Friday, 7 June 2013

Royal Icing - A Beginners Tale

So recently I have been admiring lots of decorated cookies on different blogs and decided it was time to give it a go. Cookies are normally decorated with royal icing, which is thick and runny but sets hard and glossy. It is a type of icing I have never ever used before so I was a tad nervous about it. In this post I will share how to make royal icing and some tips and then in my next post I will show you how I got along with decorating my cookies. 

Actually making the royal icing was really easy, you need:

1kg icing sugar
5 tablespoons of meringue powder (buy online)
1 teaspoon of cream of tartar
180 ml of warm water

Note- this makes a lot of icing so if you don't have many cookies to decorate then half the quantities.

Firstly you need to whisk the meringue powder and the warm water for about 30 seconds, then add the cream of tartar and whisk for another 30 seconds. You can use a hand whisk but I  was a tad lazy and used my mixer. Your mixture should start to froth up like this:

Next add all the icing sugar at once to your mixture, change the whisk for the paddle attachment and mix on the lowest setting for 10 minutes. If you have a cover for your mixer then definitely use it here or your kitchen will start to look very christmassy. After 10 minutes it should look like this:

Your icing is now ready to use, make sure that it is left covered by a damp cloth whilst it is not being used or it will get all crusty. 

Royal icing is piped onto cookies so the key thing is to get the correct consistency. Sweetopia ( recommends a rule where you drag a knife across your icing and then count to see how long it takes for the surface of the icing to become smooth again. If it becomes smooth between 5-10 seconds then your icing is thick enough to outline your cookie. If your icing is too runny then mix in more icing sugar and if it is too thick add more water (drop by drop).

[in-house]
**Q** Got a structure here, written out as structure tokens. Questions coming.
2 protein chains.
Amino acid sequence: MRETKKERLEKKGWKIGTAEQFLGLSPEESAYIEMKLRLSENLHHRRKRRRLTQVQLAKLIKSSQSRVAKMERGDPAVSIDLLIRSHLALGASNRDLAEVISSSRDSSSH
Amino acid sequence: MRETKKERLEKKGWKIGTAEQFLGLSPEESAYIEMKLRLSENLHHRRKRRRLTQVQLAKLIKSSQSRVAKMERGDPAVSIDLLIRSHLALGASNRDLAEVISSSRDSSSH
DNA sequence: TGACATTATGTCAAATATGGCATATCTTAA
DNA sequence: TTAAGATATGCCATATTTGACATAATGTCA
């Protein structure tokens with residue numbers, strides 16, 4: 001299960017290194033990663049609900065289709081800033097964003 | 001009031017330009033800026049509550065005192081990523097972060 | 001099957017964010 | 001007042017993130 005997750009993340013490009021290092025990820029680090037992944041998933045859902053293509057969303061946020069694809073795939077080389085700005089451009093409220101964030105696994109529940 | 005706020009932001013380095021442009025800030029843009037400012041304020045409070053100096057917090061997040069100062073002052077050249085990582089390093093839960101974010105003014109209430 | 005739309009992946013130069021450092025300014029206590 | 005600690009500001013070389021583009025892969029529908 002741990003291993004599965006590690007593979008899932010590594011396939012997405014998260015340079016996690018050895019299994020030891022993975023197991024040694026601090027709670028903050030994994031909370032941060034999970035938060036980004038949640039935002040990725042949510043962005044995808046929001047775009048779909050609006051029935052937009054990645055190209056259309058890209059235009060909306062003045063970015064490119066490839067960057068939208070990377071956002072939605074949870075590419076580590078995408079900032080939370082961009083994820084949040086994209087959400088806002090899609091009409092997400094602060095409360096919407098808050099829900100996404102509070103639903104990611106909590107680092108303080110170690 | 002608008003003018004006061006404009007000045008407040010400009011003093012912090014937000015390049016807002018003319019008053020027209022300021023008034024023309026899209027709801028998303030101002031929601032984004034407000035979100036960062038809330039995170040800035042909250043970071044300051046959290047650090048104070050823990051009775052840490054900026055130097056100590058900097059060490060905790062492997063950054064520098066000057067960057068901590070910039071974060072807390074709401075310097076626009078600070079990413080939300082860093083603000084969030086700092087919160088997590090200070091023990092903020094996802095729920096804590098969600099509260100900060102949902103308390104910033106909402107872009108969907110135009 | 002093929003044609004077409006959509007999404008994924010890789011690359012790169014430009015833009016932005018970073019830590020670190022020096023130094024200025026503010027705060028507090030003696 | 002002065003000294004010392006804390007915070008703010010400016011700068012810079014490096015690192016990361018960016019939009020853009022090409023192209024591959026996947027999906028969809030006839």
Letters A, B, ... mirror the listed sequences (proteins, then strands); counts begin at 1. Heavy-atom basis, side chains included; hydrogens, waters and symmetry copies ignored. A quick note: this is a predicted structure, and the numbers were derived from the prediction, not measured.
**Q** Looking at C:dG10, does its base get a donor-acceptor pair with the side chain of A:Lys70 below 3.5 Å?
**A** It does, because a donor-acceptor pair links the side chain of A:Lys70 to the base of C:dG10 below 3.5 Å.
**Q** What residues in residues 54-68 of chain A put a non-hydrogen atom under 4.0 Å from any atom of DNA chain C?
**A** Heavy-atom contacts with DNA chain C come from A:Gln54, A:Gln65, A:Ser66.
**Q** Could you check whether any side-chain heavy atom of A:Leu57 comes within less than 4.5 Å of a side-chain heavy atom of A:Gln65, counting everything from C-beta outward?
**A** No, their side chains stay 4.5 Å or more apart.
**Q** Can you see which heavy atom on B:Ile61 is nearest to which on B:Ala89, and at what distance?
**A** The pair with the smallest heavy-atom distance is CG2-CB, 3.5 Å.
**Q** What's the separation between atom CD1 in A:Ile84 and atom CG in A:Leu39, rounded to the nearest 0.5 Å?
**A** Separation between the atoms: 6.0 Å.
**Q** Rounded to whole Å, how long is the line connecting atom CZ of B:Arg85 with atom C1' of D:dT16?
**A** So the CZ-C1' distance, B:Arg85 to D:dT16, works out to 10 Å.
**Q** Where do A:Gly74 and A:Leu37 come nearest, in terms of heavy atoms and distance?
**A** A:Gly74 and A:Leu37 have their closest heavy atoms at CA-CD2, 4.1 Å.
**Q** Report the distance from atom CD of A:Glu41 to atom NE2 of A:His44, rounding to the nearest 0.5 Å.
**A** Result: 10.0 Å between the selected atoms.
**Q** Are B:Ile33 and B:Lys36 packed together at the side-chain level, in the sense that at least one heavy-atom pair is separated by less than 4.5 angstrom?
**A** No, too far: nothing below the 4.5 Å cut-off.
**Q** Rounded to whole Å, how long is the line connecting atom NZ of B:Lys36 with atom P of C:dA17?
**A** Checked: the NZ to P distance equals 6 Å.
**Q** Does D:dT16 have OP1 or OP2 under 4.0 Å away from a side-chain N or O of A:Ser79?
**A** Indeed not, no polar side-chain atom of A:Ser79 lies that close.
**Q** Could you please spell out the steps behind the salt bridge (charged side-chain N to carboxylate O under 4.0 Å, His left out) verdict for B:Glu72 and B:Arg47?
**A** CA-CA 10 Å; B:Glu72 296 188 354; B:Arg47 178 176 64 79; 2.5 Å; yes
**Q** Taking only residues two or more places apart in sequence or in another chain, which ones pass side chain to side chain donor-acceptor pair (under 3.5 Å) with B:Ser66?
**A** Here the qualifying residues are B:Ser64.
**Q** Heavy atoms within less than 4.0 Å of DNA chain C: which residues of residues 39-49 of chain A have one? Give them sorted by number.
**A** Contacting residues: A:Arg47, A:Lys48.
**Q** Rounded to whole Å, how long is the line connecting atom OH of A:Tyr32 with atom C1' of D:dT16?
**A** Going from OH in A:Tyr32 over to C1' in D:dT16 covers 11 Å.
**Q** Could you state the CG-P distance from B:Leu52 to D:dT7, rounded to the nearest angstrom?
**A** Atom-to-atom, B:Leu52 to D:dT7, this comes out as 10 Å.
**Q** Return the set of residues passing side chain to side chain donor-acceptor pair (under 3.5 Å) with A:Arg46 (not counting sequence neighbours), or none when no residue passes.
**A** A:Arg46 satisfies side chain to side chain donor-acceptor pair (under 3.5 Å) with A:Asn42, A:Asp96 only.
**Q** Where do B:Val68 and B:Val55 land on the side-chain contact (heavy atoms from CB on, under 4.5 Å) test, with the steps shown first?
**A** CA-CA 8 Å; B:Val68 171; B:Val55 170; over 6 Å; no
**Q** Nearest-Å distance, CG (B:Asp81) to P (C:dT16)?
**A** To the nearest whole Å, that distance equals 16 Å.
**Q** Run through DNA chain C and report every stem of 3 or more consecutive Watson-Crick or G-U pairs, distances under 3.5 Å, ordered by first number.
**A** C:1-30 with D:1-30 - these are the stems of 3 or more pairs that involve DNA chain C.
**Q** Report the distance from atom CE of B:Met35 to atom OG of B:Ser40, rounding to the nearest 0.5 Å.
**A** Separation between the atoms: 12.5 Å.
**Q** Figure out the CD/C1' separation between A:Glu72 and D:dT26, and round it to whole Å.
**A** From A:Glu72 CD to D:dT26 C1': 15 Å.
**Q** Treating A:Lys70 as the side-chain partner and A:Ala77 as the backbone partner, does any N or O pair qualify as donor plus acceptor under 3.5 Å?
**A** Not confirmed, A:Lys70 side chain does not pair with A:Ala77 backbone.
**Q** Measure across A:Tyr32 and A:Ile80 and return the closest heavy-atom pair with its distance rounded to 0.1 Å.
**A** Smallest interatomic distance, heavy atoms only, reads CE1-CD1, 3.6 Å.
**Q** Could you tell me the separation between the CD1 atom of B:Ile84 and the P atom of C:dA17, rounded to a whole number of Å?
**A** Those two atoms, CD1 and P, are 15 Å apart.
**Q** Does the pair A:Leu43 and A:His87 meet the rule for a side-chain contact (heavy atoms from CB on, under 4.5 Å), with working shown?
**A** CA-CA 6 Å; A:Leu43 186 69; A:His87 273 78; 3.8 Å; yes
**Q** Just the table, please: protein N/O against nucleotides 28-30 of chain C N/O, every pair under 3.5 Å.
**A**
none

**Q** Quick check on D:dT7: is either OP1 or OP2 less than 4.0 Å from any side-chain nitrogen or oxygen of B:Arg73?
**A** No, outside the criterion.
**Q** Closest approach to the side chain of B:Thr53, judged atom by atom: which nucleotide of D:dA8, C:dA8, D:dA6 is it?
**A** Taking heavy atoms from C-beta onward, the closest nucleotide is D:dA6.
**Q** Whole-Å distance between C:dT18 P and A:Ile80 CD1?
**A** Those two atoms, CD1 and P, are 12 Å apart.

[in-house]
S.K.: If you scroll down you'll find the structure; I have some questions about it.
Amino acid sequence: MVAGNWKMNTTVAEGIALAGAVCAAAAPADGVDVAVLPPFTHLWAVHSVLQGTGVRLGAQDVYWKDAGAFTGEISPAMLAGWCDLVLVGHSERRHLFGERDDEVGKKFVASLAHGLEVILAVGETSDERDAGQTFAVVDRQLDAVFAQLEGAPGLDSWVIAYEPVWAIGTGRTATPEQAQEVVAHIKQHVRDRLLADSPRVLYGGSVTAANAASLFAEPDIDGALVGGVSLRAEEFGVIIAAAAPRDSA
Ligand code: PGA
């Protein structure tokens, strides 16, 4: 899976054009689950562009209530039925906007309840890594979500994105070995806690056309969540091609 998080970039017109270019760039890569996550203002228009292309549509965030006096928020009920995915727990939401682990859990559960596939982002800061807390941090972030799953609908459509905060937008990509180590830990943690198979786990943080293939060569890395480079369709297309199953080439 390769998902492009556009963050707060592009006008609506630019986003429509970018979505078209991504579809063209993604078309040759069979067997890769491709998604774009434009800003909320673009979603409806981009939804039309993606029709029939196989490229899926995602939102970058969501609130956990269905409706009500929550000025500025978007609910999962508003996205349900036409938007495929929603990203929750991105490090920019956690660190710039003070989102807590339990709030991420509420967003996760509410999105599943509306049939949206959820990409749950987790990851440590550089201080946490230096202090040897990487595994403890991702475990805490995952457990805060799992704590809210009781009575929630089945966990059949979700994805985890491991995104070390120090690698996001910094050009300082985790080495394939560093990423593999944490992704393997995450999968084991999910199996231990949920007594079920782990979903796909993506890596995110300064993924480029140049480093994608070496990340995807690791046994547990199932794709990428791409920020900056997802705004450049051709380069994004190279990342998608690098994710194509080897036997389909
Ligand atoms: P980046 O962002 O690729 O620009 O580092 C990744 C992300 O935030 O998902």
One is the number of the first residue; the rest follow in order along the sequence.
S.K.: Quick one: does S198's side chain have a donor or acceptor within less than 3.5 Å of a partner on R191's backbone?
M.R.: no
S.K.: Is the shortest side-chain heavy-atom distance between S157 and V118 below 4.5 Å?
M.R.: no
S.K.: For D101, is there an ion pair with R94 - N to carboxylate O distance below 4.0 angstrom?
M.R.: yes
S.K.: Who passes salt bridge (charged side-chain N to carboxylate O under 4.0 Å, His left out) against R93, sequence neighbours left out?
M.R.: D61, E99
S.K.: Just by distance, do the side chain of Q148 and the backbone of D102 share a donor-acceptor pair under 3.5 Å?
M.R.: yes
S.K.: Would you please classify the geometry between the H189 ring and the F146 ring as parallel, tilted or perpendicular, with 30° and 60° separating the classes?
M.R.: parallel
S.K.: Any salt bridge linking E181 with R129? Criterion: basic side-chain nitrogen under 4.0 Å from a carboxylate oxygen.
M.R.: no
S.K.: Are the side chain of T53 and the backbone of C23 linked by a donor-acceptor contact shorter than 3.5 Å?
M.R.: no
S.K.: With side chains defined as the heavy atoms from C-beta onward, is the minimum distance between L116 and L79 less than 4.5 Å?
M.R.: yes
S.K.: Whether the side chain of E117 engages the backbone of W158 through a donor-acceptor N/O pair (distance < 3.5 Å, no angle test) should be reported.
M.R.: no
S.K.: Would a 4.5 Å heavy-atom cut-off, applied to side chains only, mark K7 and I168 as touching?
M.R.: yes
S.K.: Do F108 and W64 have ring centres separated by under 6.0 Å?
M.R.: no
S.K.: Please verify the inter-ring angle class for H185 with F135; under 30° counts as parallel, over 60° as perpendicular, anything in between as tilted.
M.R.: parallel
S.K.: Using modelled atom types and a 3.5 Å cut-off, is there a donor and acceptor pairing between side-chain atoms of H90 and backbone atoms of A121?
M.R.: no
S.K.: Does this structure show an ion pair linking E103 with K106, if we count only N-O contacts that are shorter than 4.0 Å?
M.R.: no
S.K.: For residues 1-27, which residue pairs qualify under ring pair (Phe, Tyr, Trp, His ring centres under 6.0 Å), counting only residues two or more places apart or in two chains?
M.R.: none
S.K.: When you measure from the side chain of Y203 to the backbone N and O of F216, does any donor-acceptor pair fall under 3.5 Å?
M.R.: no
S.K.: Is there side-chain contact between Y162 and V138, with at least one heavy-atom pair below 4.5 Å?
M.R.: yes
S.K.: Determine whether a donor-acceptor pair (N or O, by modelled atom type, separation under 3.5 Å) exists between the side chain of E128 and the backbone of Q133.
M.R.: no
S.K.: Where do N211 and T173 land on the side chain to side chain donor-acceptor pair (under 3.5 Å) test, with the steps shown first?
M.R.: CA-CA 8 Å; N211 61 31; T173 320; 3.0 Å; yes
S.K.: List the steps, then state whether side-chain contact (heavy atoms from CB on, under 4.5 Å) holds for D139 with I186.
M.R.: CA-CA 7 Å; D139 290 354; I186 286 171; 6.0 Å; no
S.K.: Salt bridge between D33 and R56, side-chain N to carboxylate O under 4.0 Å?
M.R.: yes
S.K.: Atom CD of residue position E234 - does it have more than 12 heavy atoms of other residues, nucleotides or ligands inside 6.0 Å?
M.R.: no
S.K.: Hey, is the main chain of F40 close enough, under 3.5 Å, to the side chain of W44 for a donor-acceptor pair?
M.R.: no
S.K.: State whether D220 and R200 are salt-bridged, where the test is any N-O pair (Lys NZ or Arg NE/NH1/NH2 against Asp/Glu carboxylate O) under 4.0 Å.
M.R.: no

Tips from a first timer:
  • once you have made your royal icing separate it into different pots straight away and colour it using gel food colouring. Don't get over excited like I did and mix your colours as you go along because this does not leave any time for air bubbles caught in the icing to come to the surface (they then pop whilst the icing is drying on your biscuit instead and leave a hole).
  • Making your icing black is very difficult, I found that to turn the icing from grey to black required a lot of colouring which made the icing more runny. If you are planning to colour your icing black maybe add more icing sugar at the beginning in anticipation of this (mine was a bit messy to start with!)
  • Have a square of damp kitchen towel to hand to wipe any excess icing off your icing tip between cookies and some toothpicks to correct mistakes. This saves searching through drawers with sticky hands whilst holding an icing bag!
  • The thinner your icing tip is the neater your lines will be. If you only have one icing tip of each size make sure you assign the colour you will be using the most with the thinnest tip for outlining. 
  • Be organised - sort out all your piping bags and piping tips before you start icing any of your cookies or your kitchen will end up like this:

I'll share how I got along in the next post

Happy baking xxxx

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